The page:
The natural wealth of Zimbabwe – Matobo National park

Matobo National Park is one of the most mysterious places in the world. The park is located in a mysterious African country – Zimbabwe. Its history goes back to the very depths of history when people just started to walk straight (almost 4 million years ago).

The creation of Matobo Park dates back to 1953; since 2003, the site has been included in the UNESCO World Heritage List. Prolonged exposure to rain and wind has transformed the once flat sandy plain into an incredible landscape of gigantic granite formations.

According to scientists, the appearance of granite boulders is directly related to the settlements of the Stone Age because these places could perfectly serve as a natural shelter from natural adversity.

The natural wealth of Zimbabwe – Matobo National park
©Andre Hugo

Bizarre rocks in Matobo resemble gigantic animals, bald heads of giants, towers, and the most famous one is very similar to a mother who bent over her child. The rocks are made of greyish-brown granite, which turns red at sunset. The peoples who live in Zimbabwe consider these natural formations to be a symbol of human strength, and the territory on which they stand is the abode of the souls of their ancestors.

In between the granite boulders are hidden caves full of original cave paintings, distinguished by a huge variety. The people depicted in the pictures are notable for their liveliness: some run, some play, others hunt, and some dance. It should be noted the anatomical correctness of the image of mammals, the accuracy in the drawings of trees, reptiles, insects. This makes it possible for modern scientists to identify the species that lived in these places in ancient times.

The smooth granite boulders reminded the founder of the Ndebele nation, named Mzilikazi, a collection of distant ancestors. Therefore, he called the area Ama-Tobo (Bald Heads). The founder’s remains are in a tomb located on a hillside.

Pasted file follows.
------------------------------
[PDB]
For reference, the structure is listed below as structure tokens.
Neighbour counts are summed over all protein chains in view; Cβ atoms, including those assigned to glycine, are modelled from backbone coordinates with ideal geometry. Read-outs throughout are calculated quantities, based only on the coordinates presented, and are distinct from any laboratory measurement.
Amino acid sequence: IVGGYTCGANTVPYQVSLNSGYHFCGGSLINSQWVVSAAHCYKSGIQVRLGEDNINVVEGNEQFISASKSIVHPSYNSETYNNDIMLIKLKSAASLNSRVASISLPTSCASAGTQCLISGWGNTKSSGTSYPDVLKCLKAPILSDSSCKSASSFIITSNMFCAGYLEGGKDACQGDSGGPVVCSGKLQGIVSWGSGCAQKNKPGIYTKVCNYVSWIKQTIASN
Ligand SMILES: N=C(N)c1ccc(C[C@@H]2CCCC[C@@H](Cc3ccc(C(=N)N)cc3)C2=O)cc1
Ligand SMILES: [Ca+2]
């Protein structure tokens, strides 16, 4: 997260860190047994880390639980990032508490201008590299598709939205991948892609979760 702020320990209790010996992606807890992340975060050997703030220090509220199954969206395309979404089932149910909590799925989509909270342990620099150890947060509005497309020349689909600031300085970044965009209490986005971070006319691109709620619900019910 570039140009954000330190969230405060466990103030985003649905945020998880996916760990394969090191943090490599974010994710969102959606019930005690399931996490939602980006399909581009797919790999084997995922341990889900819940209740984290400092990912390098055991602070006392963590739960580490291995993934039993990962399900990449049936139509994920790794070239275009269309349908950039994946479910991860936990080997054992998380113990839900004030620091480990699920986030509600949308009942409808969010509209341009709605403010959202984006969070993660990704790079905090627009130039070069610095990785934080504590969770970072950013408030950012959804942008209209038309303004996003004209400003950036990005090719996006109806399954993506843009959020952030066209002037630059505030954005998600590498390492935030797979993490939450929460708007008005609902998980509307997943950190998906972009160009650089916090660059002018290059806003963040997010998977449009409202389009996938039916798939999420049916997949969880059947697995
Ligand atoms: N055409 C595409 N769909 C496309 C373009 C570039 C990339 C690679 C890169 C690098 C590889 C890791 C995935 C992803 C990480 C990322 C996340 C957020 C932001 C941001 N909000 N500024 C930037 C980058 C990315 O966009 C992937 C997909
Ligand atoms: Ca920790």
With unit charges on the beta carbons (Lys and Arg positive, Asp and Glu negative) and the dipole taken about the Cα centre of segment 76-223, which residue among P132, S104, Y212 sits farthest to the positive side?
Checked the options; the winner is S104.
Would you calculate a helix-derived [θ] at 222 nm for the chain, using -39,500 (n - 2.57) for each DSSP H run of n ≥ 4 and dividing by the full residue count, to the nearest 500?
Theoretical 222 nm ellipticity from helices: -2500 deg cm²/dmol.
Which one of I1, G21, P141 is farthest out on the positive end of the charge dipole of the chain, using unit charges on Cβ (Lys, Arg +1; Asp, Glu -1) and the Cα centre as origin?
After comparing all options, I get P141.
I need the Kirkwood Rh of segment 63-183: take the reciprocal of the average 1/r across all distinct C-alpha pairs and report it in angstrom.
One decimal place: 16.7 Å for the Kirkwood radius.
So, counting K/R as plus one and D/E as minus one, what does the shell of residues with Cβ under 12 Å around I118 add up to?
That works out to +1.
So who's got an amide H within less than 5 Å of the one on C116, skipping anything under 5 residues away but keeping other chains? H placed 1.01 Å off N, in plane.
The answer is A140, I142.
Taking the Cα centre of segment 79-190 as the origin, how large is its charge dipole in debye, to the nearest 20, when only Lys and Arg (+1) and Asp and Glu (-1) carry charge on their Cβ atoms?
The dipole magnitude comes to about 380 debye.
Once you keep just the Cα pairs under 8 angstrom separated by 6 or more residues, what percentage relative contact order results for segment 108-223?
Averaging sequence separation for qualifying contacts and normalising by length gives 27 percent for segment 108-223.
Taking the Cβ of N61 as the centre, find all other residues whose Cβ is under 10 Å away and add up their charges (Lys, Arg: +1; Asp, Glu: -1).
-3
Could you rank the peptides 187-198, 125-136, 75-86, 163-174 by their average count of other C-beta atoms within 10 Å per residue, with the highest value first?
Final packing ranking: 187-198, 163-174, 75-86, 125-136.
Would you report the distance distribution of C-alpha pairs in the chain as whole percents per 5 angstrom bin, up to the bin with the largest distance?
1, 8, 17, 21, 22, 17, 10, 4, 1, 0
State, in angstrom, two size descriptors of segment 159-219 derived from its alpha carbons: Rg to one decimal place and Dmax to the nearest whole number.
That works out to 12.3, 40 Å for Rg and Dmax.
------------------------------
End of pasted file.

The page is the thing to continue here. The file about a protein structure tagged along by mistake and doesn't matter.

Mzilikazi’s things are walled up in a cave and can even be viewed through small holes in the rock. Cecil Rhodes is also buried here, whose remains are located in a massive granite formation. This formation is proudly called “View of the World.”

Rhodes bequeathed Matobo Park to the Bulawayo people.

©The times – grave of Cecil Rhodes in Matobo

Today, his grave is a place of pilgrimage for a huge number of Zimbabweans. Pilgrims visit his grave to pay tribute to Rhodes and watch the park’s rangers feed the brightly coloured lizards. The latter run out literally from everywhere to have a good meal with a tasty treat.

The total area of the park is over 400 square kilometres. The park is indented with paths, dirt roads, horse and bicycle trails. All routes are well marked, so getting lost is difficult. In addition, at the entrance, you can purchase a card.

On the north side is the main gate of Matobo, to which Matopos Road leads from the city (highway A6). The central administration and particular picnic areas are located in Maleme Dam, a camp situated next to the watering hole.

Representatives of the local fauna often come here, who can surprise tourists with their beauty and friendliness. You can spend the night in Maleme Dam. The most famous rock paintings are hidden in the caves of Bambata, Pomongwe, Nswatugi.

There are 39 species of snakes in the Matobo mountains, among which the black mamba deserves special attention, which needs no introduction. Fortunately, this area has the highest concentration of black African eagles and other birds in the world (silver and steppe eagles, snake eagles, peregrine falcons, secretary birds), which successfully hunt snakes.

Overall, Matobo National Park is a harmonious blend of tranquillity, serenity, anthropological and spiritual history. In addition, a lot of majestic landscapes and vibrant fauna open up before the tourist. It isn’t easy to find a place that can compare beauty with the nature of Matobo.

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